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Long QT and ventricular arrhythmias in transgenic mice expressing the N terminus and first transmembrane segment of a voltage-gated potassium channel.

B London, A Jeron, J Zhou, P Buckett, X Han, G F Mitchell, G Koren

Proc. Natl. Acad. Sci. U.S.A., 1998 Mar 17 , 95, 2926-31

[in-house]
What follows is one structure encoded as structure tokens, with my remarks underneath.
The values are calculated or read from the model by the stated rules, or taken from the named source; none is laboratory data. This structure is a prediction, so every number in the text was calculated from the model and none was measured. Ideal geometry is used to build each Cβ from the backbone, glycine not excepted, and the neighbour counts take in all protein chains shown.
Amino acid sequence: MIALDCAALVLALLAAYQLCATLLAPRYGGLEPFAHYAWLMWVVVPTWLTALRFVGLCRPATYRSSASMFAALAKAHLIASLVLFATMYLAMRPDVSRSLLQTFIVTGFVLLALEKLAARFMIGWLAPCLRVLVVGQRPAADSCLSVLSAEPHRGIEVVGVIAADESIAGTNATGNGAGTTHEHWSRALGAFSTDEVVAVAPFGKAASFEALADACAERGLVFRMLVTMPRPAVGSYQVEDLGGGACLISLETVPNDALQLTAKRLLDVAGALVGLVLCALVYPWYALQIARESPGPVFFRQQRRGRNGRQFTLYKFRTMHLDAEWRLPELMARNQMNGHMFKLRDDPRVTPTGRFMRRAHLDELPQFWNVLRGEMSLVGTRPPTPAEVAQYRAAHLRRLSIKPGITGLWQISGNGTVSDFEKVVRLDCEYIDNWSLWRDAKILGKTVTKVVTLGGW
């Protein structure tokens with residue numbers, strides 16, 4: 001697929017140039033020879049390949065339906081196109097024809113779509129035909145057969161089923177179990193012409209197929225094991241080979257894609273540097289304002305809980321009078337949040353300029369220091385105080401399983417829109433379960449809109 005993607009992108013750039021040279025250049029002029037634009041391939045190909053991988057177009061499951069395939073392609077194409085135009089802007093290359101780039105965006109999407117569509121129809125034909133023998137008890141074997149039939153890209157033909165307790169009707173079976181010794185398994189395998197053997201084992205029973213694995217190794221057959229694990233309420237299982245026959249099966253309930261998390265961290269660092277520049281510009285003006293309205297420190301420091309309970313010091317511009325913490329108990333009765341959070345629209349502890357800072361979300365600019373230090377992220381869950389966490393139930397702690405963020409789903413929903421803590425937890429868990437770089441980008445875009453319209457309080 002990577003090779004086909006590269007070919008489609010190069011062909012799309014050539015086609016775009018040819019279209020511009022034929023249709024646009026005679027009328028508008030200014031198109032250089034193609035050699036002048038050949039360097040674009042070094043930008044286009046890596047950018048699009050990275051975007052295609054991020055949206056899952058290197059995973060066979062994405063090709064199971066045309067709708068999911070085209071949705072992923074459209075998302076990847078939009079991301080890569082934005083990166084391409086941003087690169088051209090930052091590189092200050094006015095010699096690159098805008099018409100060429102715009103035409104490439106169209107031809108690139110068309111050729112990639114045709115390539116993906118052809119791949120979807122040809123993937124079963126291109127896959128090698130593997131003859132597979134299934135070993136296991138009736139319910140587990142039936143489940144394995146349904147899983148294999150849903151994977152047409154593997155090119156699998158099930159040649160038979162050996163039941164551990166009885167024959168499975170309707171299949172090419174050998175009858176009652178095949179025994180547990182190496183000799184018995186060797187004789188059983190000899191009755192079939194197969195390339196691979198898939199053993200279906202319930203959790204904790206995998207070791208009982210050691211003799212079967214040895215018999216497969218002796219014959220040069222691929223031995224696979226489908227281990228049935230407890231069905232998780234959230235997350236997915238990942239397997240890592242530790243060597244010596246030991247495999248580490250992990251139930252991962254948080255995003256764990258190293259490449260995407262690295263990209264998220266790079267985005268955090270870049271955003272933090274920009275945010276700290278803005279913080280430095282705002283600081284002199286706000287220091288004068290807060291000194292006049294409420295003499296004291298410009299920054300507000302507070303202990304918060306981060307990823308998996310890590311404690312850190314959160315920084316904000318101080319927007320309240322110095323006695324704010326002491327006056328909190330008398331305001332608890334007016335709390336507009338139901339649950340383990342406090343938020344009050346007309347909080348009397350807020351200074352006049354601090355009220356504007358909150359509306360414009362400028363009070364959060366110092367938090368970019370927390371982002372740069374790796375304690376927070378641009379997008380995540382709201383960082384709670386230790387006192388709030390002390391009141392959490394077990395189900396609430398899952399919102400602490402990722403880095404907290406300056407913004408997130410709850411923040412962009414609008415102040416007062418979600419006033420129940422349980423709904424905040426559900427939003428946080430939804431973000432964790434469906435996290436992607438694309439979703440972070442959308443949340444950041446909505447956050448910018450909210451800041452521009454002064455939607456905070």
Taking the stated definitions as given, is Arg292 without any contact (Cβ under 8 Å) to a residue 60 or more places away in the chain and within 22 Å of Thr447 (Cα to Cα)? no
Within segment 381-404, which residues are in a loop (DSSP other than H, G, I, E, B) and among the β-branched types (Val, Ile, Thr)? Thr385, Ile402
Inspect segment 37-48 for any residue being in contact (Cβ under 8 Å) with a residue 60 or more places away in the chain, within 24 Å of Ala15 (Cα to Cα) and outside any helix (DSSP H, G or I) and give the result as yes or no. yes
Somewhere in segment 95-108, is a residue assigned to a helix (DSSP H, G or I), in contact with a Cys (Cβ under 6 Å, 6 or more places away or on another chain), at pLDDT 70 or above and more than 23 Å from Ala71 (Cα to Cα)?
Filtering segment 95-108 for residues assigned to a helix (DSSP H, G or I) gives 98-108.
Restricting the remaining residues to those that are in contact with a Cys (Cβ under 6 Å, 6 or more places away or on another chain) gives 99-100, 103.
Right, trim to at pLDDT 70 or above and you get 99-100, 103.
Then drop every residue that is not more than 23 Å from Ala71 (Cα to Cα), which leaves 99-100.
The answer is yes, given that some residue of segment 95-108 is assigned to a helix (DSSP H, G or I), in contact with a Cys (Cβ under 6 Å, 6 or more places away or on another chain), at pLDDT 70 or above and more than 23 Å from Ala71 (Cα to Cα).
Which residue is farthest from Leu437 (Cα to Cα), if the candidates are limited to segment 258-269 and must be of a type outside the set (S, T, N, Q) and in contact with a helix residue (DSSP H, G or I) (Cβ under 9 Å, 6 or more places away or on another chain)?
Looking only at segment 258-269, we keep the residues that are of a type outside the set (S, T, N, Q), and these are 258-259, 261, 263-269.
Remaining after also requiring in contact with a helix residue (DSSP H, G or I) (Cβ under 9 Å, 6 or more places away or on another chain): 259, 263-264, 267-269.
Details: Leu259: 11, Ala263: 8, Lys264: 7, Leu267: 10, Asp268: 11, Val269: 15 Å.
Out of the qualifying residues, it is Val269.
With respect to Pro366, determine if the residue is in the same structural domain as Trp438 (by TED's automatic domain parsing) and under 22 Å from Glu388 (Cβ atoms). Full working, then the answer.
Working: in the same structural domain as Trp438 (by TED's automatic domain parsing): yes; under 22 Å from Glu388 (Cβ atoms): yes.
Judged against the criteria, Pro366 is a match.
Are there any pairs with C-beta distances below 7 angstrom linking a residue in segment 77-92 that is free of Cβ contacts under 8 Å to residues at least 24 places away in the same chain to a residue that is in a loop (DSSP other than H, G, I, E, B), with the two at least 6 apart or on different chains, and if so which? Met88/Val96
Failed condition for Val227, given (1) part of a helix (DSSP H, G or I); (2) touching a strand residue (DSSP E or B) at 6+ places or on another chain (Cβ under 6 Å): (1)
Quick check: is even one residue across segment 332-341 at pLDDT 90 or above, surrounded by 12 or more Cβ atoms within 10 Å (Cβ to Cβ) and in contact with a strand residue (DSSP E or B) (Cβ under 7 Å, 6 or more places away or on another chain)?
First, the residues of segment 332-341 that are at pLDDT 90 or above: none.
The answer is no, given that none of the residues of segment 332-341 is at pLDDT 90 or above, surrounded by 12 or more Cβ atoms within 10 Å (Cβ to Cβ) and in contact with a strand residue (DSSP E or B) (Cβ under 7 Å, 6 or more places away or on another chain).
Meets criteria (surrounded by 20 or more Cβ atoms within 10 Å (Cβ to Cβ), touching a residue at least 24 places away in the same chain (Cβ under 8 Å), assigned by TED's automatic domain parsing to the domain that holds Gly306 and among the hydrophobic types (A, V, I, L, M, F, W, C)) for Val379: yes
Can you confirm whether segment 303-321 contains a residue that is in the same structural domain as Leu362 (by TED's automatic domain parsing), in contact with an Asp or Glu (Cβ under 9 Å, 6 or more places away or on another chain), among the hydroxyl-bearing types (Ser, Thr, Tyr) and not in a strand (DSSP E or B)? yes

Voltage-gated potassium channels control cardiac repolarization, and mutations of K+ channel genes recently have been shown to cause arrhythmias and sudden death in families with the congenital long QT syndrome. The precise mechanism by which the mutations lead to QT prolongation and arrhythmias is uncertain, however. We have shown previously that an N-terminal fragment including the first transmembrane segment of the rat delayed rectifier K+ channel Kv1.1 (Kv1.1N206Tag) coassembles with other K+ channels of the Kv1 subfamily in vitro, inhibits the currents encoded by Kv1.5 in a dominant-negative manner when coexpressed in Xenopus oocytes, and traps Kv1.5 polypeptide in the endoplasmic reticulum of GH3 cells. Here we report that transgenic mice overexpressing Kv1.1N206Tag in the heart have a prolonged QT interval and ventricular tachycardia. Cardiac myocytes from these mice have action potential prolongation caused by a significant reduction in the density of a rapidly activating, slowly inactivating, 4-aminopyridine sensitive outward K+ current. These changes correlate with a marked decrease in the level of Kv1.5 polypeptide. Thus, overexpression of a truncated K+ channel in the heart alters native K+ channel expression and has profound effects on cardiac excitability.